It is obtained commercially by roasting arsenical pyrites in either a Brunton's or Oxland's rotatory calciner, the crude product being collected in suitable condensing chambers, and afterwards refined by resublimation, usually in reverberatory furnaces, the foreign matter being deposited in a long flue leading to the condensing chambers.
The ordinary commercial arsenic is either the naturally occurring form, which is, however, more or less contaminated with other metals, or is the product obtained by heating arsenical pyrites, out of contact with air, in earthenware retorts which are fitted with a roll of sheet iron at the mouth, and an earthenware receiver.
Throughout the world, primary deposits of tinstone are in or closely connected with granite or acid eruptive rocks of the same type, its mineral associates being tourmaline, fluorspar, topaz, wolfram and arsenical pyrites, and the invariable gangue being quartz: the only exception to this mode of occurrence is to be found in Bolivia, where the tin ore occurs intimately associated with silver ores, bismuth ores and various sulphides, whilst the gangue includes barytes and certain carbonates.
It is known also as arsenopyrite or arsenical pyrites (Ger.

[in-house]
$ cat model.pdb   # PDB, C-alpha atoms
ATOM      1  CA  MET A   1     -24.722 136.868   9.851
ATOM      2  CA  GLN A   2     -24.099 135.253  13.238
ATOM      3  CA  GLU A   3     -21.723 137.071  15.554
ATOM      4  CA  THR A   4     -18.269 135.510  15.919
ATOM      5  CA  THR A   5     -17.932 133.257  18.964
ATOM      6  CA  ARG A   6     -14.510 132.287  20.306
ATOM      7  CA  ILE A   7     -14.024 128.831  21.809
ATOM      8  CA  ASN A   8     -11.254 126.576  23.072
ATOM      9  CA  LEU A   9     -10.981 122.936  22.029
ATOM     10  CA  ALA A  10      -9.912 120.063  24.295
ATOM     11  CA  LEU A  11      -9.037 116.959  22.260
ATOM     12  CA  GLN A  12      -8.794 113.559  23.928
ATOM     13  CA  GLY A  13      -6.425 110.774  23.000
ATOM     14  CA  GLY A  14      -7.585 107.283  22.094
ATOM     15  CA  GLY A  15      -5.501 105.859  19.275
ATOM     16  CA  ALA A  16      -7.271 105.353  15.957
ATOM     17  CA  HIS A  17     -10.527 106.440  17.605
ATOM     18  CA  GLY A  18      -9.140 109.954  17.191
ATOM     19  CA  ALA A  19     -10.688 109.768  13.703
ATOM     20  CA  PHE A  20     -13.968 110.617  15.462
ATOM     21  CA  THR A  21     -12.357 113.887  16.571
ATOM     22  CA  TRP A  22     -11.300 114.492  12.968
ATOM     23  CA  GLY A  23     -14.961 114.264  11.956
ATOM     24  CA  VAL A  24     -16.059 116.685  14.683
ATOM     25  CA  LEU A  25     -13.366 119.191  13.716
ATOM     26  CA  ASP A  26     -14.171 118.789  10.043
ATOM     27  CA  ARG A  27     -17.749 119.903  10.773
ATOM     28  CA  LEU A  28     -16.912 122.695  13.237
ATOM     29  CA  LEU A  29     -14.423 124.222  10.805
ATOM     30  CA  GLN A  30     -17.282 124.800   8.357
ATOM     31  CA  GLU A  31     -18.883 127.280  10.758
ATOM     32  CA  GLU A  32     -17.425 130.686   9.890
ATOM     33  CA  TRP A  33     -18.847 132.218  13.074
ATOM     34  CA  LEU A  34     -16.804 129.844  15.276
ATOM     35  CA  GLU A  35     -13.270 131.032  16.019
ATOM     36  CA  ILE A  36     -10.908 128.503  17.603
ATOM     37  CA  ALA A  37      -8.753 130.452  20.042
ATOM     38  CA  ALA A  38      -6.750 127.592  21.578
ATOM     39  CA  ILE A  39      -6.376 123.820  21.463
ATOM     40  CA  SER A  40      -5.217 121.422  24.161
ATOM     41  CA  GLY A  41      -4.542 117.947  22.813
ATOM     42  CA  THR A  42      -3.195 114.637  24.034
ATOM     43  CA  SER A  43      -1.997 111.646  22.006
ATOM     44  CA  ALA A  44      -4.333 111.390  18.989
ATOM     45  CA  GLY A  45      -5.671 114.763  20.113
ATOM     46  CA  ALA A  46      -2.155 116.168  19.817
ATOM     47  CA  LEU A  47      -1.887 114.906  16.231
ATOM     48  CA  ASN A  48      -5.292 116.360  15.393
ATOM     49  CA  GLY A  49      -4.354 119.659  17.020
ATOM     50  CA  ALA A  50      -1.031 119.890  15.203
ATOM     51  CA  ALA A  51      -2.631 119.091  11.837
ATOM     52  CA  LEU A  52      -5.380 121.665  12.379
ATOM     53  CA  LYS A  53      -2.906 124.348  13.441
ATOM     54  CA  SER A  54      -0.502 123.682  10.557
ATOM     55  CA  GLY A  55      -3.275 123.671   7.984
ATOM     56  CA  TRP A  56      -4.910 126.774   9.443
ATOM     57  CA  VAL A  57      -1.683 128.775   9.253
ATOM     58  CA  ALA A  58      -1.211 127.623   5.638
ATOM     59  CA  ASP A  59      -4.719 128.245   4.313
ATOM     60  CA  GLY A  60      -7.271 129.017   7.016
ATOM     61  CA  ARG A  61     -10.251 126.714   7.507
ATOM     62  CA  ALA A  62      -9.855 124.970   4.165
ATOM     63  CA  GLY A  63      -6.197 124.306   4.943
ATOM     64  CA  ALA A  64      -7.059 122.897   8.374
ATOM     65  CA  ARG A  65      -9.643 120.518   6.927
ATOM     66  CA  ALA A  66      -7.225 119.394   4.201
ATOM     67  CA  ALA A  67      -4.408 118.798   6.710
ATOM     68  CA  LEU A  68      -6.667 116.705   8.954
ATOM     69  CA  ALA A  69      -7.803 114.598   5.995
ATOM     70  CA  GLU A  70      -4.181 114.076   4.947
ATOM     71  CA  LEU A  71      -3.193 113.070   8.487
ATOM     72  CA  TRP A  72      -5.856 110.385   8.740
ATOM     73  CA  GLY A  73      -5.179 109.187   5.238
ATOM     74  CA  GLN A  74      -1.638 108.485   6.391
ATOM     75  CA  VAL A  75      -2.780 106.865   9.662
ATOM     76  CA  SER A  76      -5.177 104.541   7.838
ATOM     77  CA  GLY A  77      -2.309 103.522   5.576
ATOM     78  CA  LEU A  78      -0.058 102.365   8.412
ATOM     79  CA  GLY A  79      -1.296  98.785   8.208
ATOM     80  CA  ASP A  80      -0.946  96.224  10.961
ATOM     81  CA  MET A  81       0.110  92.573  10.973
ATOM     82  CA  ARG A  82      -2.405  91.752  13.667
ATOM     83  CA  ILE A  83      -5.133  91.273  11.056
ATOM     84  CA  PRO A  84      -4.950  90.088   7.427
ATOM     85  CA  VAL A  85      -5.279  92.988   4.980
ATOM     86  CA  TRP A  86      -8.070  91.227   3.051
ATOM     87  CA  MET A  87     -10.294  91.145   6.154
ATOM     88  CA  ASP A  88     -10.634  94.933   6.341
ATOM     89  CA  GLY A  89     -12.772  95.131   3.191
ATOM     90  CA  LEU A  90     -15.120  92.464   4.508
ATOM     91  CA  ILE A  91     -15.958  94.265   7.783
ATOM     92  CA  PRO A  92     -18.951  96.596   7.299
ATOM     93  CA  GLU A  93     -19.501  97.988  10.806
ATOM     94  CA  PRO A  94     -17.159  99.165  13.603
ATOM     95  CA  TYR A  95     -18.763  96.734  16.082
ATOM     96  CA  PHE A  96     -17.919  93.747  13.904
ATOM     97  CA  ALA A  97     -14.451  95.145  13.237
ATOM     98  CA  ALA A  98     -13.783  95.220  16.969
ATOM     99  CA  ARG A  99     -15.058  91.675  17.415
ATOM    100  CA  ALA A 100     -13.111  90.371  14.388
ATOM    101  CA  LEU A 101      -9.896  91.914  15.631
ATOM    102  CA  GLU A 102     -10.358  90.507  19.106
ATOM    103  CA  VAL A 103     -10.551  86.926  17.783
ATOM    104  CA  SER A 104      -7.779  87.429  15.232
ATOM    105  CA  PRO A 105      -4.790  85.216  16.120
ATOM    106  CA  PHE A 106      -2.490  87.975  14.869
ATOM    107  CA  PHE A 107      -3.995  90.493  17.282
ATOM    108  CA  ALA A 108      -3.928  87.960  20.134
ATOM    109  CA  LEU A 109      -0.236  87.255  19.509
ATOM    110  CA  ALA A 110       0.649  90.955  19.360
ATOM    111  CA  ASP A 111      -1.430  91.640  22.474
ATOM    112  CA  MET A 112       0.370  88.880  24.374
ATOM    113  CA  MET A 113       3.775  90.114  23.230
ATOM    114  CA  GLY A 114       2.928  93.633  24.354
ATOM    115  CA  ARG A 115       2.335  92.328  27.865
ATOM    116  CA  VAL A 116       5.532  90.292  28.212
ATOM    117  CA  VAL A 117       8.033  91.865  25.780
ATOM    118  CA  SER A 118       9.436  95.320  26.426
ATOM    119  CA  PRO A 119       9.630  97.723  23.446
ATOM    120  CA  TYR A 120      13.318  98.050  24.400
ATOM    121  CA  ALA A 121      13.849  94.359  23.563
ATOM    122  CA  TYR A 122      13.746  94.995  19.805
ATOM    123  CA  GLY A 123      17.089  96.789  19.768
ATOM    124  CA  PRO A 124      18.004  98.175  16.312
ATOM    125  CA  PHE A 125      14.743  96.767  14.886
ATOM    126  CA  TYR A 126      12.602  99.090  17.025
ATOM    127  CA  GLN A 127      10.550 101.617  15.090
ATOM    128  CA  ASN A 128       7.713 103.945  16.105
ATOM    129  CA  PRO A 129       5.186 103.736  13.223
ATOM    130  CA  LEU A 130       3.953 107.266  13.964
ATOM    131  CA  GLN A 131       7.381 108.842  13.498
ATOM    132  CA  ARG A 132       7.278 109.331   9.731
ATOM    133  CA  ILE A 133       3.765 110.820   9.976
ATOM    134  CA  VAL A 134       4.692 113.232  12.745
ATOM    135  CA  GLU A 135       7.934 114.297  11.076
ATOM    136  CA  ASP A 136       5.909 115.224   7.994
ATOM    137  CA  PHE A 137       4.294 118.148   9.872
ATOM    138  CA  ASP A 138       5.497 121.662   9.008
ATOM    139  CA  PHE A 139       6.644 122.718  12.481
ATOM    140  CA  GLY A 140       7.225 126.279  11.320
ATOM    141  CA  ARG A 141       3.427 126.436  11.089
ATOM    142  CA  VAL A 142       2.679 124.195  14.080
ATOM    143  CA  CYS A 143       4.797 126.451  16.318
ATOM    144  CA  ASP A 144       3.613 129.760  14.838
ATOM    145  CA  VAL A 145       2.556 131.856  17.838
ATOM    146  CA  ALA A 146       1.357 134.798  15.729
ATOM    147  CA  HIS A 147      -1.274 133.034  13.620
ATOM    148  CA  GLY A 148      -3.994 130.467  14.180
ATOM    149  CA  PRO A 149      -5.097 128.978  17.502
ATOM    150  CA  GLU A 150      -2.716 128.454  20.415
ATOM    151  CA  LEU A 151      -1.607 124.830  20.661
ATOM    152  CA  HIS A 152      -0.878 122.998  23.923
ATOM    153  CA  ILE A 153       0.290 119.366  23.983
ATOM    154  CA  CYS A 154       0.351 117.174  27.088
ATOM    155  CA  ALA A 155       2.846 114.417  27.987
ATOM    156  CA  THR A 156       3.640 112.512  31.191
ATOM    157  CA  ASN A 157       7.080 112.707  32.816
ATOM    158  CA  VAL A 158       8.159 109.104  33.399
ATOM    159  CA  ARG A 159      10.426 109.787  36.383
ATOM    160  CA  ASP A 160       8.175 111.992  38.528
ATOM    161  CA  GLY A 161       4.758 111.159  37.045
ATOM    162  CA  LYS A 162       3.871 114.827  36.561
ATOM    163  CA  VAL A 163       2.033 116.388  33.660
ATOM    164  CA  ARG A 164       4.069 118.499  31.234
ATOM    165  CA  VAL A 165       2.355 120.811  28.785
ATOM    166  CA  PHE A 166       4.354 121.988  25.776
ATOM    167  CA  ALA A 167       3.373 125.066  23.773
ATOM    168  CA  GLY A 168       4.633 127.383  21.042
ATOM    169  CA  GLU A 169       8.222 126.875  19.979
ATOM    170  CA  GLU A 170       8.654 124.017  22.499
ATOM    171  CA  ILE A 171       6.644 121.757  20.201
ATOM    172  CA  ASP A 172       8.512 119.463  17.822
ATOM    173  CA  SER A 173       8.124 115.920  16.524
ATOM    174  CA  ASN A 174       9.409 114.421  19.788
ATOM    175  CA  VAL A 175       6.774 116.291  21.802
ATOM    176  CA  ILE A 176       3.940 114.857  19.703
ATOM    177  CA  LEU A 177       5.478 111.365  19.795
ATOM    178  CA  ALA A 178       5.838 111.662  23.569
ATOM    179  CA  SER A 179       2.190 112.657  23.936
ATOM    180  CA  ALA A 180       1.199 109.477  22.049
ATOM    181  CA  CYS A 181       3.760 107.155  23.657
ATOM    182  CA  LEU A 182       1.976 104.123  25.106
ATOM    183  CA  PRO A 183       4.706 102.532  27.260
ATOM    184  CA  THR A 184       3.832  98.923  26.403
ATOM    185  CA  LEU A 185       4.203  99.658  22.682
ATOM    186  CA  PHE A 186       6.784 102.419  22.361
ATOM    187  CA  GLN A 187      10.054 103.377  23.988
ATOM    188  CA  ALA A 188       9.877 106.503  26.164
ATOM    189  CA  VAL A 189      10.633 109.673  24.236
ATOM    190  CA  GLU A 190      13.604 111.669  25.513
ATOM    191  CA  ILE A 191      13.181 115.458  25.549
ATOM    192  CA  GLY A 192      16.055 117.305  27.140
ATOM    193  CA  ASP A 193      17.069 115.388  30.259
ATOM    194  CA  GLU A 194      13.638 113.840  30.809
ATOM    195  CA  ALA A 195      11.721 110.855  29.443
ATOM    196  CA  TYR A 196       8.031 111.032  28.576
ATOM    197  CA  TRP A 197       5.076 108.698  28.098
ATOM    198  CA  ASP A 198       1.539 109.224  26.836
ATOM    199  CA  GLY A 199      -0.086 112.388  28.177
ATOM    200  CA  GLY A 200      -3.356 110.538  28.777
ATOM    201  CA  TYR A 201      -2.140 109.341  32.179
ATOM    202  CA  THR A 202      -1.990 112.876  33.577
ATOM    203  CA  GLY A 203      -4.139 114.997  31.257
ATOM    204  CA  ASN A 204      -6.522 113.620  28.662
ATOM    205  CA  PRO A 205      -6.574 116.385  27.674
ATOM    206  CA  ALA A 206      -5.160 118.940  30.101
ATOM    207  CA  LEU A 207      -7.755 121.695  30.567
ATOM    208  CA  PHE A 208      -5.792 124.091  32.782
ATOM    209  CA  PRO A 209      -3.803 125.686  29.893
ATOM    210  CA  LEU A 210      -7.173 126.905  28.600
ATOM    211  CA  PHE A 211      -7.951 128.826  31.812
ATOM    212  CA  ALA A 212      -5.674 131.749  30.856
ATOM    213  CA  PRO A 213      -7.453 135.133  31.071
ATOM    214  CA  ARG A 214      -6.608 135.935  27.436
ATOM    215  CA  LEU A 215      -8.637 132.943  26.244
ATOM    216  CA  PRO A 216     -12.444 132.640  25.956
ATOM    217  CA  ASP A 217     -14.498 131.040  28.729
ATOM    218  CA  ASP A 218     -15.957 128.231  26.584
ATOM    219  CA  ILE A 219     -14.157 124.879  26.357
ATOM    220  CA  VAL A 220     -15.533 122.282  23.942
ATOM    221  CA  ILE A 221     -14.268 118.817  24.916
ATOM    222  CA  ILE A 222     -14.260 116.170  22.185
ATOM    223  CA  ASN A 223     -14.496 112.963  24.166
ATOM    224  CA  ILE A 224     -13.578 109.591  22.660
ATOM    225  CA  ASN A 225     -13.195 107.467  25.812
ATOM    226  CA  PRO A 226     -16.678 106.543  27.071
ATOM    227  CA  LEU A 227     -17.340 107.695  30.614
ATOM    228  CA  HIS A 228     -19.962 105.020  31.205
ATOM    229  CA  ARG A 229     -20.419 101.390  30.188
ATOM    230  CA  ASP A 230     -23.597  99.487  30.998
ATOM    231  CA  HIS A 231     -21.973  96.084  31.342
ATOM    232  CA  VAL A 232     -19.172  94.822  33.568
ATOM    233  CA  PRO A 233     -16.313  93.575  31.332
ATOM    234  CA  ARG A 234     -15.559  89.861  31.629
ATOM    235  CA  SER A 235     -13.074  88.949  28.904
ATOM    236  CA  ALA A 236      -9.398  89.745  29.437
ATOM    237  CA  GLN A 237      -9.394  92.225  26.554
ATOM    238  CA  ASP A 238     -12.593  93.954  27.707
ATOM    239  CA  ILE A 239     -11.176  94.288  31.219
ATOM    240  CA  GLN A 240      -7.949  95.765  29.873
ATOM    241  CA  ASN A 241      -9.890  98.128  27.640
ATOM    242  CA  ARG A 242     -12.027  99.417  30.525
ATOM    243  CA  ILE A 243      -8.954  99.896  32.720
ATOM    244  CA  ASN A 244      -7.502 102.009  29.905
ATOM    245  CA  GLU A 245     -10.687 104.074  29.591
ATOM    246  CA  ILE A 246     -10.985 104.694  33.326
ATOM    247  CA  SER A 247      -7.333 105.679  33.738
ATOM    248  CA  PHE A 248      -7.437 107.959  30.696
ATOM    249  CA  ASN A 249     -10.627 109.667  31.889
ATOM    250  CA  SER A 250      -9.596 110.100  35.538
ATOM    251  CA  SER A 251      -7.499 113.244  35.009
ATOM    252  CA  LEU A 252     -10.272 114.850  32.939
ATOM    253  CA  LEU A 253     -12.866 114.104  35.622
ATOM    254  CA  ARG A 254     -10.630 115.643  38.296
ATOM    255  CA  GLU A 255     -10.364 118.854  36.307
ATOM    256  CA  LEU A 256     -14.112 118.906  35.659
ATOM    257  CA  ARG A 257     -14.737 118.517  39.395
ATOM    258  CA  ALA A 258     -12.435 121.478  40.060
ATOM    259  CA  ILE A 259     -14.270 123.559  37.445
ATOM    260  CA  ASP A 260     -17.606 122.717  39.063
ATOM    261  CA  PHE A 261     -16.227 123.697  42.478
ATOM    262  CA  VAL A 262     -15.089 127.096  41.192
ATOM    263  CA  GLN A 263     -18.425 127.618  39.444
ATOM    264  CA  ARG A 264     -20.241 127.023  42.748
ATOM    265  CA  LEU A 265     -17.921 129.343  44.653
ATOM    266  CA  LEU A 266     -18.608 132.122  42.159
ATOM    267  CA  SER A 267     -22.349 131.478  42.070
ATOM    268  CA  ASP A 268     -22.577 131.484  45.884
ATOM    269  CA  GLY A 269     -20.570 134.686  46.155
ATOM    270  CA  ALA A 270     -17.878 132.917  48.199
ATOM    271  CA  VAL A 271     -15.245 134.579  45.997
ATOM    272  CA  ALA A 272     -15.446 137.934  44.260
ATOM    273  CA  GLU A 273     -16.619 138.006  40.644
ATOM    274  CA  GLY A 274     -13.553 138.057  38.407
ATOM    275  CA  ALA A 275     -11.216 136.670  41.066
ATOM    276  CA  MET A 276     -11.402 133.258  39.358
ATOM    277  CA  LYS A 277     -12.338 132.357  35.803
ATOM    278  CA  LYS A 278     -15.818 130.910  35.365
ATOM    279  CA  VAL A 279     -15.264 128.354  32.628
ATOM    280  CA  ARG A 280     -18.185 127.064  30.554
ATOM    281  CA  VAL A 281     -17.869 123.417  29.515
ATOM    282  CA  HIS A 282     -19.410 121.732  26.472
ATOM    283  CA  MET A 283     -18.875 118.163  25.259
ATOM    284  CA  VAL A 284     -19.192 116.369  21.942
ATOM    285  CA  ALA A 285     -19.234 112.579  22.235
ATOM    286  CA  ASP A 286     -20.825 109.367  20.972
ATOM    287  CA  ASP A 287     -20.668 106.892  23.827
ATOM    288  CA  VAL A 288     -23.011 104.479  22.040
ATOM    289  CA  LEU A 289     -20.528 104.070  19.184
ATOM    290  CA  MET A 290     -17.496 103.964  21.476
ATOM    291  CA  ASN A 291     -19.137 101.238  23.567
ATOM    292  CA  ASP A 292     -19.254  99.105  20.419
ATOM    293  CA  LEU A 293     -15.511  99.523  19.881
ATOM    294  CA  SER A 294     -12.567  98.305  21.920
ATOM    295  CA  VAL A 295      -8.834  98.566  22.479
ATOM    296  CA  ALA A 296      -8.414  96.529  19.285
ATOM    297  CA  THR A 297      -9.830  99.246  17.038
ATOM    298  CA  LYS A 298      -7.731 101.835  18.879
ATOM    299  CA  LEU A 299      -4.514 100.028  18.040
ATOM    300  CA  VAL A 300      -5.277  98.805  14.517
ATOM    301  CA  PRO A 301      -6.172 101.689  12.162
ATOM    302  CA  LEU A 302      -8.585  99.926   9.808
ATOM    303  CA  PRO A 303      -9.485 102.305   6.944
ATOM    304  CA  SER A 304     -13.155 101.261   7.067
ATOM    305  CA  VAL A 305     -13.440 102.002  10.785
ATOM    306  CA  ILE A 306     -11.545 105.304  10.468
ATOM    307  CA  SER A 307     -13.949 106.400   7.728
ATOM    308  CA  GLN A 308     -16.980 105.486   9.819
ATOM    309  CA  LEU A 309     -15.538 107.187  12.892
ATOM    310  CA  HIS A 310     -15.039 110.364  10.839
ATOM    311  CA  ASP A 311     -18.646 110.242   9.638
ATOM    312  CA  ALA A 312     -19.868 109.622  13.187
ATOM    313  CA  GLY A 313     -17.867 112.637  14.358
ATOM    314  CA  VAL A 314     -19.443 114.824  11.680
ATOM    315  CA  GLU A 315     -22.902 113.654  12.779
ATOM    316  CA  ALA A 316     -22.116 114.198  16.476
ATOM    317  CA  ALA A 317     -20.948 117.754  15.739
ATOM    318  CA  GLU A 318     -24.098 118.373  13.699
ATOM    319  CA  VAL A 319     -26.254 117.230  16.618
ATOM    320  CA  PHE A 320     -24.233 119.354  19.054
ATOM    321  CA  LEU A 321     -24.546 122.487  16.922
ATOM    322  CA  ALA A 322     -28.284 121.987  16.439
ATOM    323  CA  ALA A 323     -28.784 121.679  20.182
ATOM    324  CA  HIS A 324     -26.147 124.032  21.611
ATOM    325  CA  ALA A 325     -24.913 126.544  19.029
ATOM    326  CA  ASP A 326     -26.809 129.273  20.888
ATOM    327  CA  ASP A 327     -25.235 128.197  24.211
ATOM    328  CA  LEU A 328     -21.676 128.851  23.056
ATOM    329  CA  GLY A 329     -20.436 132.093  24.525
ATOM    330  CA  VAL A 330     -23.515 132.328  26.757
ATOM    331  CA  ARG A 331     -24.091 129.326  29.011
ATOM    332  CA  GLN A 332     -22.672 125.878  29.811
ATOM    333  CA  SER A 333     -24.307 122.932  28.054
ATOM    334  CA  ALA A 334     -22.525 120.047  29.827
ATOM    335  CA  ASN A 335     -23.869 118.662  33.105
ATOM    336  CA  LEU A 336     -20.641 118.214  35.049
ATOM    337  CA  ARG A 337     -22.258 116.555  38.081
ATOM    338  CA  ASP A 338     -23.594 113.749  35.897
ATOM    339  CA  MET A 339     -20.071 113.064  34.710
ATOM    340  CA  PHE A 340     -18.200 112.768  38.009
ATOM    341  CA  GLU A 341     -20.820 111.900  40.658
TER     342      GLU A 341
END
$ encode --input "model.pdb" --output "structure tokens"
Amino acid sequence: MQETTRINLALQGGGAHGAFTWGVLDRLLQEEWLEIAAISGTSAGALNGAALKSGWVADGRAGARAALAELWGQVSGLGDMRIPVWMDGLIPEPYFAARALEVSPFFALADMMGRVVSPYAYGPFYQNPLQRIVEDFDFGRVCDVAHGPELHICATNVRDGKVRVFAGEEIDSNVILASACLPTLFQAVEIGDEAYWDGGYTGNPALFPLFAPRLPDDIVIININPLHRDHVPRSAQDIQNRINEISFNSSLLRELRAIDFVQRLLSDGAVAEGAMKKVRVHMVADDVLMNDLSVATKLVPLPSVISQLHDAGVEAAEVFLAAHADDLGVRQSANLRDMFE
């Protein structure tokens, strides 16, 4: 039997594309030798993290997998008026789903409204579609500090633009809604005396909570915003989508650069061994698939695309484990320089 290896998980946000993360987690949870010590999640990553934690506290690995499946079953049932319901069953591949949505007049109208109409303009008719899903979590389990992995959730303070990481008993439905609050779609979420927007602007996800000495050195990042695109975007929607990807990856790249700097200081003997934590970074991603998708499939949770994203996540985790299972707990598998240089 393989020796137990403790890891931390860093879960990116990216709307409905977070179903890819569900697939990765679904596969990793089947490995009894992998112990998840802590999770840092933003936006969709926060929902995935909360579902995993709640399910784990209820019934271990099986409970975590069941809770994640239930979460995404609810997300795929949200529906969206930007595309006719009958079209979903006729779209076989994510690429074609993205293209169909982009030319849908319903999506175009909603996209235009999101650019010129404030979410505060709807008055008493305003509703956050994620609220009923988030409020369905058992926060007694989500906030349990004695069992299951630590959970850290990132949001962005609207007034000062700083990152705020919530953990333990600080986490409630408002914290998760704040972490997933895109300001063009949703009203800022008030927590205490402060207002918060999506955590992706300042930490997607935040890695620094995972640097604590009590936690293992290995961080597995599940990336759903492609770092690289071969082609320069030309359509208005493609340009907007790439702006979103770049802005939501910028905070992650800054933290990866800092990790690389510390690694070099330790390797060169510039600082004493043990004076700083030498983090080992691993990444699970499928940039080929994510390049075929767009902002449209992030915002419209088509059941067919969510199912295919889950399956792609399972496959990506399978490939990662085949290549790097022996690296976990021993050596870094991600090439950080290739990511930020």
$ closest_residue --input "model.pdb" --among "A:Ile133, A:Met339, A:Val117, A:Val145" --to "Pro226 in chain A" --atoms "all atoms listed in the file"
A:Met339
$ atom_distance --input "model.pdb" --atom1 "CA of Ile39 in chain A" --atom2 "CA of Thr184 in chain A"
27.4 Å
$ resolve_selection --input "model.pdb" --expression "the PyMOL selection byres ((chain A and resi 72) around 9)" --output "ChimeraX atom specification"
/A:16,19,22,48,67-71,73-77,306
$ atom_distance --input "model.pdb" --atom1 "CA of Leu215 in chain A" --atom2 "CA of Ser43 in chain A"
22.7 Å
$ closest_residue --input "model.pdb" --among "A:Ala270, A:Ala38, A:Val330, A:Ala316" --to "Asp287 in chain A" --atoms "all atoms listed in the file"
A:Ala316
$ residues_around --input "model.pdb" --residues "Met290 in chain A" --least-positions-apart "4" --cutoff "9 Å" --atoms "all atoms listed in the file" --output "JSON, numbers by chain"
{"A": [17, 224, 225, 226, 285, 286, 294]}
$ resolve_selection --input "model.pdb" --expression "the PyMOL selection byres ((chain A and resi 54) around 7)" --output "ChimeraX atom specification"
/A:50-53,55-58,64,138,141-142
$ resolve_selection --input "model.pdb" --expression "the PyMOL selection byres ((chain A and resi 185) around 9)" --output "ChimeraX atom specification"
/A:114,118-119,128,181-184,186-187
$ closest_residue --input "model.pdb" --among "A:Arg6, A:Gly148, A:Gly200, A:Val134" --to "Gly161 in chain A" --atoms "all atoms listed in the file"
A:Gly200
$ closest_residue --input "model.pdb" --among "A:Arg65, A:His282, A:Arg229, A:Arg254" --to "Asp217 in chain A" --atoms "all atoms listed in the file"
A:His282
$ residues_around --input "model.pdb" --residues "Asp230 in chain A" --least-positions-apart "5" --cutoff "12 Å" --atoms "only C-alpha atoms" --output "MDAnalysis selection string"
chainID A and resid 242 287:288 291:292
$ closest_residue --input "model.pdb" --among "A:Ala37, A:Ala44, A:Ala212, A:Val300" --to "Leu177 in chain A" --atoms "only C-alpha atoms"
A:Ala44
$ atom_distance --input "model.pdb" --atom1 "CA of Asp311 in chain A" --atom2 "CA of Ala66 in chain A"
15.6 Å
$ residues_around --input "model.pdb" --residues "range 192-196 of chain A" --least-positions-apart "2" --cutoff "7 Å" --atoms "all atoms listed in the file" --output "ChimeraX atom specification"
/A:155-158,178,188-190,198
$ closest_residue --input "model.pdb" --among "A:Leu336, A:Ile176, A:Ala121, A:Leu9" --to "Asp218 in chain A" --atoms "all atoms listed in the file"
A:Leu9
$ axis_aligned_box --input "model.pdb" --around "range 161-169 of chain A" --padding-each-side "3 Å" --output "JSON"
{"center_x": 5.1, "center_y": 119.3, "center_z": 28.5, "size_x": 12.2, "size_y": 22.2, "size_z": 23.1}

Ferri hydroxidum (U.S.P.), the hydrated oxide of iron, made by precipitating ferric sulphate with ammonia, is used solely as an antidote in arsenical poisoning.
Metallic arsenic is probably not poisonous, but as it usually becomes oxidized in the alimentary canal, the usual symptoms of arsenical poisoning follow its use.
In acute poisoning by it the symptoms are almost identical with those of arsenical poisoning, which is much commoner (See Arsenic).
Other mineral substances obtained in small quantities are: pyrite, in St Lawrence county; arsenical ore, in Putnam county; red, green and purple slate, in Washington county; garnet in Warren, Essex and St Lawrence counties; emery and felspar, in Westchester county; and infusorial earth in Herkimer county.
Magnetic pyrites, copper pyrites, zinc blende and arsenical pyrites are other and less important examples, the last constituting the gold ore formerly worked in Silesia.
Arsenic is a constituent of the minerals arsenical iron, arsenical pyrites or mispickel, tin-white cobalt or smaltite, arsenical nickel, realgar, orpiment, pharmacolite and cobalt bloom, whilst it is also met with in small quantities in nearly all specimens of iron pyrites.